A case-control study of risk factors for fetal and early neonatal deaths in a tertiary hospital in Kenya
2014 (English)In: BMC Pregnancy and Childbirth, ISSN 1471-2393, Vol. 14, 389- p.Article in journal (Refereed) Published
BackgroundIt is important to understand the risk factors for fetal and neonatal mortality which is a major contributor to high under five deaths globally. Fetal and neonatal mortality is a sensitive indicator of maternal health in society. This study aimed to examine the risk factors for fetal and early neonatal mortality at the Moi Teaching and Referral Hospital in Kenya.MethodsThis was a case-control study. Cases were fetal and early neonatal deaths (n¿=¿200). The controls were infants born alive immediately preceding and following the cases (n¿=¿400). Bivariate comparisons and multiple logistic regression analyses were undertaken.ResultsThe odds of having 0-1 antenatal visits relative to 2-3 visits were higher for cases than controls (AOR=4.5; 95% CI: 1.2-16.7; p=0.03). There were lower odds among cases of having a doctor rather than a midwife as a birth attendant (OR¿=¿0.2; 95% CI: 0.1-0.6; p¿<¿0.01). The odds of mothers having Premature Rupture of Membranes (OR¿=¿4.1; 95% CI: 1.4-12.1; p¿=¿0.01), haemorrhage (OR¿=¿4.8; 95% CI: 1.1-21.9; p¿=¿0.04) and dystocia (OR¿=¿3.6; 95% CI: 1.2-10.9; p¿=¿0.02) were higher for the cases compared with the controls. The odds of gestational age less than 37 weeks (OR¿=¿7.0; 95% CI 2.4-20.4) and above 42 weeks (OR¿=¿16.2; 95% CI 2.8-92.3) compared to 37-42 weeks, were higher for cases relative to controls (p¿<¿0.01). Cases had higher odds of being born with congenital malformations (OR¿=¿6.3; 95% CI: 1.2-31.6; p¿=¿0.04) and with Apgar scores of below six at five minutes (OR¿=¿26.4; 95% CI: 6.1-113.8; p¿<¿0.001).ConclusionInterventions that focus on educating mothers on antenatal attendance, screening, monitoring and management of maternal conditions during the antenatal period should be strengthened. Doctor attendance at each birth and for emergency admissions is important to ensure early neonatal survival and avert potential risk factors for mortality.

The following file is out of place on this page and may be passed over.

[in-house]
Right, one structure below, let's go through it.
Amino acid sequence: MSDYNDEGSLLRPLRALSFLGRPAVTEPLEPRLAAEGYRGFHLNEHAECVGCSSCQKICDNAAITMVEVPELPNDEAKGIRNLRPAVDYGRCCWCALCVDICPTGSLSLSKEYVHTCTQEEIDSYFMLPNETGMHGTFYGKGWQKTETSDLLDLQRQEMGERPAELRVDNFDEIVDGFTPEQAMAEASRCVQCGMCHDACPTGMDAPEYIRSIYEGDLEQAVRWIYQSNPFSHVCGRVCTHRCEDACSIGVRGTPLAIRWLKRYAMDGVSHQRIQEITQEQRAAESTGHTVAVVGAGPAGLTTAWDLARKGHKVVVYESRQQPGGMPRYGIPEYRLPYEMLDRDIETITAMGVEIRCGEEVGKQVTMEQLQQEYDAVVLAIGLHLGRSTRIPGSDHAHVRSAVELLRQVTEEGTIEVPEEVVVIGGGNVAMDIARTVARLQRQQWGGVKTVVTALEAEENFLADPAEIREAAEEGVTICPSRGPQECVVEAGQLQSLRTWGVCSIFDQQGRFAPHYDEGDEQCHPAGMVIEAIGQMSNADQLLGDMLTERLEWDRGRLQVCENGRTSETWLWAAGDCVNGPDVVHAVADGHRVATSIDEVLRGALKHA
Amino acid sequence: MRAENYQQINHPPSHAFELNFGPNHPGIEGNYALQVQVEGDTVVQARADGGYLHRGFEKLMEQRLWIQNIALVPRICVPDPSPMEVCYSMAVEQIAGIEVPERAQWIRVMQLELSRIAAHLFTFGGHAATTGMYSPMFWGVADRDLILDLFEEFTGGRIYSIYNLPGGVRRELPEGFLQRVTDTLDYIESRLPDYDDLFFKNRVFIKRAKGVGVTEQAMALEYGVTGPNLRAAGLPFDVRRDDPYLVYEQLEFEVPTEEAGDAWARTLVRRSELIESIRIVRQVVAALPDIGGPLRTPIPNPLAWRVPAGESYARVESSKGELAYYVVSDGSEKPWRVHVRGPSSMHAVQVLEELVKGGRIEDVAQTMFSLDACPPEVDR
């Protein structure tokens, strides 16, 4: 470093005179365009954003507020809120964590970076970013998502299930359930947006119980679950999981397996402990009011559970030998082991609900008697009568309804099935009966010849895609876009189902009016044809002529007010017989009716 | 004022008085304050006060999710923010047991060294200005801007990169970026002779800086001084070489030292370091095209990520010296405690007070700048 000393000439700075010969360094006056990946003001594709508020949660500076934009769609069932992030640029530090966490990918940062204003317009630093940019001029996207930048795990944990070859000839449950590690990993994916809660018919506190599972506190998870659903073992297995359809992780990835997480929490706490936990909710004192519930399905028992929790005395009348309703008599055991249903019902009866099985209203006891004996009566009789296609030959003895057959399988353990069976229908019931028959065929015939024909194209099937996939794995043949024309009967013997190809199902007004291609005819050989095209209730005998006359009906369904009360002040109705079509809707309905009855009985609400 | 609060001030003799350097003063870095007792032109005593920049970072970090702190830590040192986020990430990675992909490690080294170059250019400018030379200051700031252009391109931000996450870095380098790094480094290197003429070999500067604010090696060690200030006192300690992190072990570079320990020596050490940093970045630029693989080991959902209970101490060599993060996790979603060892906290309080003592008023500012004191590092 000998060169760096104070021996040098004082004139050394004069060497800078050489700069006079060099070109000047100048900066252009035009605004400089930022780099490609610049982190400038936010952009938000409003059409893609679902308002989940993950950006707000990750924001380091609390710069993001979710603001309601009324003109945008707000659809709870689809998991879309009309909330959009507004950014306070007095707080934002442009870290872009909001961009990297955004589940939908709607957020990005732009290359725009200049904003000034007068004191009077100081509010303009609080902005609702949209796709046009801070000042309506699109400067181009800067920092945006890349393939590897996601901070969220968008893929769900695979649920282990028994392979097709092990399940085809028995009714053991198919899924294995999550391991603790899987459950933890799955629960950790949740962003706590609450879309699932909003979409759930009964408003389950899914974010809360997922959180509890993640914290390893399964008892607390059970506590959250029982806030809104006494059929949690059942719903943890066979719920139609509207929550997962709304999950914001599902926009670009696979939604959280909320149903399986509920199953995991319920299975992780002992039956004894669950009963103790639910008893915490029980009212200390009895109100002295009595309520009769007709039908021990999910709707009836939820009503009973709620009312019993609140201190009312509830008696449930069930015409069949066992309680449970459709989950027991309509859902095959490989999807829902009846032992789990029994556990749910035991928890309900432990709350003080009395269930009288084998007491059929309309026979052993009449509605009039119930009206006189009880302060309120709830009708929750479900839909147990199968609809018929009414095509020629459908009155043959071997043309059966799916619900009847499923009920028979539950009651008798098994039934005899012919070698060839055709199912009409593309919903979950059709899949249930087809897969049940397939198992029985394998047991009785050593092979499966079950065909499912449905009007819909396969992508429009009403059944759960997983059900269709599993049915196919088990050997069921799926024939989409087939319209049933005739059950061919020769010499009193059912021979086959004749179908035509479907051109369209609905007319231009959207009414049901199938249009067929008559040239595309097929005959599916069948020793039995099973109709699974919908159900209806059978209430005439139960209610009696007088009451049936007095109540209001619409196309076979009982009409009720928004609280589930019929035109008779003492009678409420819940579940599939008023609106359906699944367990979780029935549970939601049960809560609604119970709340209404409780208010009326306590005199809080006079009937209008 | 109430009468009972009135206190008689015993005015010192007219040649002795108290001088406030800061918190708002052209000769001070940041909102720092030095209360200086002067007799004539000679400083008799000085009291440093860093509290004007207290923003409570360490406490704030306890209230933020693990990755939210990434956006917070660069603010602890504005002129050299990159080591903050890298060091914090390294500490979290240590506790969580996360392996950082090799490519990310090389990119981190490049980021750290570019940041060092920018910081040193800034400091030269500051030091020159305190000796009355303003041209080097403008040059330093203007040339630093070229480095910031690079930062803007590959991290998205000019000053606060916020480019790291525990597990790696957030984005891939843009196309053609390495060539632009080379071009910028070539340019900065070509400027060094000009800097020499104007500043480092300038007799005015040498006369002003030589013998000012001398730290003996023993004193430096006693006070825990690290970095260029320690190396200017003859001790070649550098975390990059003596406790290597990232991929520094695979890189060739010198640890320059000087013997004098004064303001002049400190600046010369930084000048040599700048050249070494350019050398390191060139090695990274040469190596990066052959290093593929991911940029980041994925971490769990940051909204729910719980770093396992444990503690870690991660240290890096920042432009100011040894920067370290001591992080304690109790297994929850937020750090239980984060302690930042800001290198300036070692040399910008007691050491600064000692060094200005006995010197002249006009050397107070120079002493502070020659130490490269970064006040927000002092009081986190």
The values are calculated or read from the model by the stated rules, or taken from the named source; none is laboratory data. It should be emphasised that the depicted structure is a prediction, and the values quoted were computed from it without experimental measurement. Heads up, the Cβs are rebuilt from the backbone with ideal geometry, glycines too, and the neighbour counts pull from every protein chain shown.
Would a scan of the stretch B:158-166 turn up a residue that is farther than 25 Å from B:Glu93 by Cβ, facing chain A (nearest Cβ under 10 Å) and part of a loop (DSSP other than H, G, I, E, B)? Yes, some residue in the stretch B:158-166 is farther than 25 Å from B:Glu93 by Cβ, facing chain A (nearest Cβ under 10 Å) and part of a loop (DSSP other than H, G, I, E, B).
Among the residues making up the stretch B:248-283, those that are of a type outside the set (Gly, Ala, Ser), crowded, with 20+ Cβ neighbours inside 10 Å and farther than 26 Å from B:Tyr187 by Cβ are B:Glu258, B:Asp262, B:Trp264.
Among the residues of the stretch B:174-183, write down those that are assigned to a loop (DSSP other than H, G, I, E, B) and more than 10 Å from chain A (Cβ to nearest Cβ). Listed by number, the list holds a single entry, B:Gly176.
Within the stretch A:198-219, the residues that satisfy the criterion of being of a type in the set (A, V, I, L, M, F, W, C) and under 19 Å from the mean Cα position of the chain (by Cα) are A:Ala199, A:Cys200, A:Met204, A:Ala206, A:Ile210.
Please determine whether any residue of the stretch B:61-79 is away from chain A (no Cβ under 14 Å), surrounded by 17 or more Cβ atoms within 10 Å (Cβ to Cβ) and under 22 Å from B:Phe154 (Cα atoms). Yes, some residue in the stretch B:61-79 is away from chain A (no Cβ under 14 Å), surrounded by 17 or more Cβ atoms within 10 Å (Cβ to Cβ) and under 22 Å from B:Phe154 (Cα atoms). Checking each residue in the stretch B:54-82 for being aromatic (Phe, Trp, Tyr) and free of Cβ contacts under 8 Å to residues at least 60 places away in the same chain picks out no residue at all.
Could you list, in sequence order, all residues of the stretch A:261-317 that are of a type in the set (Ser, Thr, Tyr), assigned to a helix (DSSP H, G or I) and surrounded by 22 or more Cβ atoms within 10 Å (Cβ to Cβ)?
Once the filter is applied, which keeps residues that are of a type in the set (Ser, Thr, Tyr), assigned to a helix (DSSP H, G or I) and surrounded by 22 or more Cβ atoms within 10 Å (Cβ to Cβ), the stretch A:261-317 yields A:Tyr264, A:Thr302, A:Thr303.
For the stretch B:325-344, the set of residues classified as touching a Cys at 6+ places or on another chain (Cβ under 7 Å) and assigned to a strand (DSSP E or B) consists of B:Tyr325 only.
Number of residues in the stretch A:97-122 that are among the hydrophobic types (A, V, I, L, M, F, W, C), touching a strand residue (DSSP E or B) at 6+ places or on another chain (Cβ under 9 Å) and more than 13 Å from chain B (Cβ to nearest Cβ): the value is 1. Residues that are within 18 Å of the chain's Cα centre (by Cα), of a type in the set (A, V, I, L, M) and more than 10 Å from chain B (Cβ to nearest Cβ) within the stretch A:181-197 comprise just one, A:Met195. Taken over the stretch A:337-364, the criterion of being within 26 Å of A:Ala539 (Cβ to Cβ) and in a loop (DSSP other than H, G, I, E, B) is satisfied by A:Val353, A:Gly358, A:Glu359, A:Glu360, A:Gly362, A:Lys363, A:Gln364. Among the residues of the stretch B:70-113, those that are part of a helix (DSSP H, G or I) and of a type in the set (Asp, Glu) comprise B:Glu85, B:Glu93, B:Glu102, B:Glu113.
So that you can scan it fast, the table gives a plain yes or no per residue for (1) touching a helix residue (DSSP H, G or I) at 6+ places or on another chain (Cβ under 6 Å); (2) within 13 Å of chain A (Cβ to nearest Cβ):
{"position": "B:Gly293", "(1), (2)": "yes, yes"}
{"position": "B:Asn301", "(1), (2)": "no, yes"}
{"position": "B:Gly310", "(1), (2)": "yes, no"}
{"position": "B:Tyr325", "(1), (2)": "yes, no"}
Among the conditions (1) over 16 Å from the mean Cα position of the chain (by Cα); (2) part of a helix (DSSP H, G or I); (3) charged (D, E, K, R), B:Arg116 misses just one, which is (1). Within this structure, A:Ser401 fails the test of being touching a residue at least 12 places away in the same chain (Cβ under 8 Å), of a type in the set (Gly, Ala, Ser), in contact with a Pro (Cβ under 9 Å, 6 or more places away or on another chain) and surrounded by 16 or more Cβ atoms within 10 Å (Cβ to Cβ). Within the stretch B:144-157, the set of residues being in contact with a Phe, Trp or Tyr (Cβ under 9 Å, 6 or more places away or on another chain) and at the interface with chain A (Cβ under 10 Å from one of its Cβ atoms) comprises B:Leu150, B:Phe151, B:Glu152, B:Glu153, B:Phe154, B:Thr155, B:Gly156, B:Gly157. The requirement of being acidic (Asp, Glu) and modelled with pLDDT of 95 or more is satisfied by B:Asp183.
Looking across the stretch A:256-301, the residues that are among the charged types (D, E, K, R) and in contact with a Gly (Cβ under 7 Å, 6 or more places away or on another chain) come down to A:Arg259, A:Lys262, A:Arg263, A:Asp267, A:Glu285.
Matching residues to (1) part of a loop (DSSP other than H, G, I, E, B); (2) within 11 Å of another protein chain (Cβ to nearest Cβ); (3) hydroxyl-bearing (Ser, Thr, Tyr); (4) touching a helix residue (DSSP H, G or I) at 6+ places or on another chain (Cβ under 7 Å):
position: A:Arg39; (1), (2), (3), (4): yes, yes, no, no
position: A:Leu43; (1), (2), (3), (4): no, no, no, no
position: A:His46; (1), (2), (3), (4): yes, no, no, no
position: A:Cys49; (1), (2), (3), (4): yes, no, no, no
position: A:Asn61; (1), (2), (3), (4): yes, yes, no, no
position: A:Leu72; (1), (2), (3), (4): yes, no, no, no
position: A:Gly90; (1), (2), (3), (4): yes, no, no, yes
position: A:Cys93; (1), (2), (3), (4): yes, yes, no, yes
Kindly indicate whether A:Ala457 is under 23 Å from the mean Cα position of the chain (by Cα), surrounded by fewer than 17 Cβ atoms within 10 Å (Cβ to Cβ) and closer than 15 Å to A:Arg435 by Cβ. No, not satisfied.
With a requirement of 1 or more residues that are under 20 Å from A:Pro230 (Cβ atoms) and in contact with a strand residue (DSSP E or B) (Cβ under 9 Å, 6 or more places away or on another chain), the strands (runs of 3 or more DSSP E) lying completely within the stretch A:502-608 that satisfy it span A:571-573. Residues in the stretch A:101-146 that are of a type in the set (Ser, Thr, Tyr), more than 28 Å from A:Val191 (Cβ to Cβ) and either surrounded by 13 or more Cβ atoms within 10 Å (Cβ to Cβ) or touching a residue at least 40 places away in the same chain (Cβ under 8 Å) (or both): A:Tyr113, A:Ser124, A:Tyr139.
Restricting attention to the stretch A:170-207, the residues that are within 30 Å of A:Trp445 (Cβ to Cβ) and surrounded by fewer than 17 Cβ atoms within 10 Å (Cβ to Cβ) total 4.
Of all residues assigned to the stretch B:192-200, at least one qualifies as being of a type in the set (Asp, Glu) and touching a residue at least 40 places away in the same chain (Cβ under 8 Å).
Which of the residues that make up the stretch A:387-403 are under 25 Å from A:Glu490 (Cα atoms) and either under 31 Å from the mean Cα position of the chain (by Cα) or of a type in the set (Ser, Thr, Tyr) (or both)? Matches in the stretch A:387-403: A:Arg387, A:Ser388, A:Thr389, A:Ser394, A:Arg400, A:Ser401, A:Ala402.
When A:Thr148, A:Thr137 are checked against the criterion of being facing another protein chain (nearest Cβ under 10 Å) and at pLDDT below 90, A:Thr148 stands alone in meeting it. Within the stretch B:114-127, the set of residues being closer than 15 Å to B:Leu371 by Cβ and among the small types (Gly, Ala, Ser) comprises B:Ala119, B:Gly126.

Place, publisher, year, edition, pages
2014. Vol. 14, 389- p.
Public Health, Global Health, Social Medicine and Epidemiology
IdentifiersURN: urn:nbn:se:umu:diva-98491DOI: 10.1186/s12884-014-0389-8ISI: 000348464200001PubMedID: 25432735OAI: oai:DiVA.org:umu-98491DiVA: diva2:782825